My highlights: Alone Again, Hardest to Love, Blinding Lights, In Your Eyes
OK Computer (1997) by Radiohead
As a big fan of Coldplay, Muse and other bands who wouldn't exist without Radiohead, I can't believe it took me so long to start listening to them. And, though I listened to every album in order, it was no surprise to find that OK Computer captured my imagination more than the rest. I've always known it's one of the greatest records of all time, but now I really understand.
Retrospectives all across its 23-year life have claimed that the themes of OK Computer are, if anything, more relevant today than they were in the 90s - and 2020 is no different. Radiohead saw a world of ubiquitous technology coming, and they perfectly captured the all-too-familiar isolation of a world that relies more than ever on technology for a sense of normality.
What's more, for all its technical, musical and lyrical experimentation, it's still a cracking rock album. The pulsing guitars and headphone-busting drums of 'Airbag' and 'Electioneering' contrast perfectly with Yorke's baleful crooning on 'Exit Music (For a Film)' and 'The Tourist'. It's a perfectly crafted record and I can't stop listening.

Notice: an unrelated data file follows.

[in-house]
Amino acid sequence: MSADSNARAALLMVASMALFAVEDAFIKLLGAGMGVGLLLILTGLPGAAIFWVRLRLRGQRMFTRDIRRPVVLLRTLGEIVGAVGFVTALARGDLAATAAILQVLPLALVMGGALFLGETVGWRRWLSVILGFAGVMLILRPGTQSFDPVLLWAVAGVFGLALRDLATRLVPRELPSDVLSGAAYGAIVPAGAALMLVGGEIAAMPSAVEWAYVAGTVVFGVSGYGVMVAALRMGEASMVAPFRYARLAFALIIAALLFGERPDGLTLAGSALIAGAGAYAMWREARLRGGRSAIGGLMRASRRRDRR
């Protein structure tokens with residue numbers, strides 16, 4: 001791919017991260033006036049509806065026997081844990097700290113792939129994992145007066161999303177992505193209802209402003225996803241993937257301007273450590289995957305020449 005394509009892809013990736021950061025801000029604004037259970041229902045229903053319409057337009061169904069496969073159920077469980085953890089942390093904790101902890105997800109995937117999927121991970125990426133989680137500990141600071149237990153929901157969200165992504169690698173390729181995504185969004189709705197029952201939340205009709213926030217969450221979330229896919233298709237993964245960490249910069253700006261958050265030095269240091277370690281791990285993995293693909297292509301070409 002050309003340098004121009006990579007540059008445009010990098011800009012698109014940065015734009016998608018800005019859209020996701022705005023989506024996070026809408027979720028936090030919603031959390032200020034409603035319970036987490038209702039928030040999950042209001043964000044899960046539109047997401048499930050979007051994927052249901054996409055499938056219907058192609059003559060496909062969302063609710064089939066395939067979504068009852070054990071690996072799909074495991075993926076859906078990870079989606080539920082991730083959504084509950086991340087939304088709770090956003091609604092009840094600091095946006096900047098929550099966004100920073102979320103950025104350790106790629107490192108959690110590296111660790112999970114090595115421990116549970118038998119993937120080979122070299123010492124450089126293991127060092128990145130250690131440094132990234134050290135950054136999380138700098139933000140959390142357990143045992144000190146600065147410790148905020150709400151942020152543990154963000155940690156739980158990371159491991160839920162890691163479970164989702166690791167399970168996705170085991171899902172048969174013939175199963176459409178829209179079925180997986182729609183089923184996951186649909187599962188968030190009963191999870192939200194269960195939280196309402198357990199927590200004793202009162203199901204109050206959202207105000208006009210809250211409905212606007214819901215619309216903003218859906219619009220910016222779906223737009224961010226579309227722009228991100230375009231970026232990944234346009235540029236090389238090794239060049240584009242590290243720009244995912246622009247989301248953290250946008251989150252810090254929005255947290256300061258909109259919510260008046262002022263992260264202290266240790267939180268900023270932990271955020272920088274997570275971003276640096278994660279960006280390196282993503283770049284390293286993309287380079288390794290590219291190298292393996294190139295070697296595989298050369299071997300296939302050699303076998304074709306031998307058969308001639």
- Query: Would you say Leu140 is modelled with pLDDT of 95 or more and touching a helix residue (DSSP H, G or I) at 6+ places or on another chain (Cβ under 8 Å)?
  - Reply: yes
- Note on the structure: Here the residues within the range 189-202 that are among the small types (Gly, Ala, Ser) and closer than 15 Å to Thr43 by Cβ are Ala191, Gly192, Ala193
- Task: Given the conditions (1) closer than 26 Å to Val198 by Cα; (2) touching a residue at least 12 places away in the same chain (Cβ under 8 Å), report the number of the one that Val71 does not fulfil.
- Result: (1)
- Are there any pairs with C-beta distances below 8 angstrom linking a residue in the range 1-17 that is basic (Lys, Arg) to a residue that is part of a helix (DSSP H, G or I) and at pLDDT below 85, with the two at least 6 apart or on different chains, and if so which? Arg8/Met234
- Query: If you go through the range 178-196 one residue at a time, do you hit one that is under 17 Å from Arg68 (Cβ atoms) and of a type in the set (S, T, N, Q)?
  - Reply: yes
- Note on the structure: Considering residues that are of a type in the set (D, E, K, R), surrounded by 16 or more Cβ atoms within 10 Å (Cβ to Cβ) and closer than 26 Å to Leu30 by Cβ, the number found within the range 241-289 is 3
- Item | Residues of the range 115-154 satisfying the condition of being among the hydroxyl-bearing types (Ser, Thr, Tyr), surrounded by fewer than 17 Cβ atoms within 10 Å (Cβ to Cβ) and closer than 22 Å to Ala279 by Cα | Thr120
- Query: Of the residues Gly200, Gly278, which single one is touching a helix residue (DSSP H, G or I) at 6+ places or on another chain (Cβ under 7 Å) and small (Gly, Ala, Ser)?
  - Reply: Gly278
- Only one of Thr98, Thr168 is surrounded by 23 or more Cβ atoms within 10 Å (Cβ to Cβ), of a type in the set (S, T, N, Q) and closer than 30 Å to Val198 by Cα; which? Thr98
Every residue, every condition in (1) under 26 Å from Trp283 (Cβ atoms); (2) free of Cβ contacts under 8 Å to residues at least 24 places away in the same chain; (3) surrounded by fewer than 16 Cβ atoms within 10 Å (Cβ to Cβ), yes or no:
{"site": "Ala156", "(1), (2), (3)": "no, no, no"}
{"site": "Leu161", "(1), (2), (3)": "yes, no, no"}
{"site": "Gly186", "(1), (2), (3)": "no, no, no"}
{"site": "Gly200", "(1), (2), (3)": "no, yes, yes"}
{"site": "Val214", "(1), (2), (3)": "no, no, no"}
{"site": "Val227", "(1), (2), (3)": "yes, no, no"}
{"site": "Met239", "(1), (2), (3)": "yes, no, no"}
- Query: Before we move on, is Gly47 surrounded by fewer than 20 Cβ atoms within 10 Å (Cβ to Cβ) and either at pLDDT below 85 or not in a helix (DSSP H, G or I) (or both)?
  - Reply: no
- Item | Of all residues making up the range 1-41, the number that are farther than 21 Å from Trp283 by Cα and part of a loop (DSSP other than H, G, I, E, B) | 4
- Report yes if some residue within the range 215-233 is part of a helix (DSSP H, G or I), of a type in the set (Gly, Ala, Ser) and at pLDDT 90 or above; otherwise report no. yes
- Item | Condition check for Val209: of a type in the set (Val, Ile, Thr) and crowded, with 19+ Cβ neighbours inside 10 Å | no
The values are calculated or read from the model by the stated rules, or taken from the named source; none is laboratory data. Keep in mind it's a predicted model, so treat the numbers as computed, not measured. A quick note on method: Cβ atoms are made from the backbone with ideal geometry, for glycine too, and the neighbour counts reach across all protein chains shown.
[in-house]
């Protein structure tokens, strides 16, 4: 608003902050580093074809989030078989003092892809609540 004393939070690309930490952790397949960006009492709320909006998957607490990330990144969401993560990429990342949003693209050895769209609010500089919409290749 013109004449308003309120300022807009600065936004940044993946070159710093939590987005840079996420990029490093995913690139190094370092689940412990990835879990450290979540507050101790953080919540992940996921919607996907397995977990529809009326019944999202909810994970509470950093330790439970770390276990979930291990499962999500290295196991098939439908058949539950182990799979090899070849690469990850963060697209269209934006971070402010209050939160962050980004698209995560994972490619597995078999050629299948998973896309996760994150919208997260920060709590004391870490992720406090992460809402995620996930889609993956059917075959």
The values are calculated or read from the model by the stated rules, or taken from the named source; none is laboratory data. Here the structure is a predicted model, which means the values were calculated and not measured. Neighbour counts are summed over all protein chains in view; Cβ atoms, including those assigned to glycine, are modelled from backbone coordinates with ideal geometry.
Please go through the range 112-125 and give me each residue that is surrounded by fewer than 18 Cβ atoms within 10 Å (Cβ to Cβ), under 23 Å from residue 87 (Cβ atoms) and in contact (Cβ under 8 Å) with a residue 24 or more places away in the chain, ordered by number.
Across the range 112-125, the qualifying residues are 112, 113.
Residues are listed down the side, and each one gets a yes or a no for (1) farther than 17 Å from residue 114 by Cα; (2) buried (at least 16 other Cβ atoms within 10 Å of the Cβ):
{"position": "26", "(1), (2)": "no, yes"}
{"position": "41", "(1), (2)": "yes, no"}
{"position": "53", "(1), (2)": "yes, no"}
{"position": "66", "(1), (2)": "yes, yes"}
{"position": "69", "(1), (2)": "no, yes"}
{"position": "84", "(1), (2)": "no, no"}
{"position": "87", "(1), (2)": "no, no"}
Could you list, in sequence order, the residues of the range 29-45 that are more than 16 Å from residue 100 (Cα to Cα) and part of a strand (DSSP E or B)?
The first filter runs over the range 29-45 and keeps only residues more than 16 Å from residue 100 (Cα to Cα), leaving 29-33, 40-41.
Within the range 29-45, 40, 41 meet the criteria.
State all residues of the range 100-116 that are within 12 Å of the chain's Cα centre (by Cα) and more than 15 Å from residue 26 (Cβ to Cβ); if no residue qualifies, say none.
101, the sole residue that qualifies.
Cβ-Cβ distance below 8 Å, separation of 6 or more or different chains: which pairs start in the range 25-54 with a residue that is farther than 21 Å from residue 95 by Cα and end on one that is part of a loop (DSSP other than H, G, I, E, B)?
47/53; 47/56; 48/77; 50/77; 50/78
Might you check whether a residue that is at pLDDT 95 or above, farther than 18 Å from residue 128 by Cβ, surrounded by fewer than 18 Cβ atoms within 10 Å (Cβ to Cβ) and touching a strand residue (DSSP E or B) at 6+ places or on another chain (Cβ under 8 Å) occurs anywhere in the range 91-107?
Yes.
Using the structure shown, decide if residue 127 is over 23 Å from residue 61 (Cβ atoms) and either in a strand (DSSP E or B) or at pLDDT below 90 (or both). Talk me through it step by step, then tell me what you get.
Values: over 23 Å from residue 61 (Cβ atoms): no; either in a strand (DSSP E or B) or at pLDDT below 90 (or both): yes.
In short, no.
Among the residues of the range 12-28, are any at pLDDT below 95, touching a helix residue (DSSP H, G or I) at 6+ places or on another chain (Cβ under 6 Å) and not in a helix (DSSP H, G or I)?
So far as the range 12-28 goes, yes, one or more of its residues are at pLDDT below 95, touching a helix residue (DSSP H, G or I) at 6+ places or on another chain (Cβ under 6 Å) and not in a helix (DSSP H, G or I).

My highlights: Subterranean Homesick Alien, Let Down, Karma Police, Lucky
Walking Like We Do (2020) by The Big Moon
I'm normally a sucker for the raw indie sounds of a debut album - all the uncut potential of a band writing without a producer. But despite the critical acclaim of The Big Moon's debut Love in the 4th Dimension, its rough, grungy sounds didn't capture my imagination as much as this year's excellent follow-up Walking Like We Do.
This second album has a cleaner, more polished sound that allows the band's inventive melodies and compelling harmonies room to breathe. Lyrically, the record brushes up against the biggest issues of its day - the idolatry of consumerism takes centre stage on "Holy Roller", while "Dog Eat Dog" could be read as a criticism of the institutions who stayed silent in the face of the Me Too movement.
But the light touch with which The Big Moon explore these heavy topics makes this album perhaps the perfect record for 2020. They do not ignore the confusion and uncertainty of these times, but the overall outlook is hope that we can succeed in the face of adversity. "We don't know where we're going," they sing on the penultimate track, "but we're walking like we do."
My highlights: Dog Eat Dog, Take A Piece, Barcelona, A Hundred Ways to Land
Planetarium (2017) by Bryce Dessner, Nico Muhly, James McAllister & Sufjan Stevens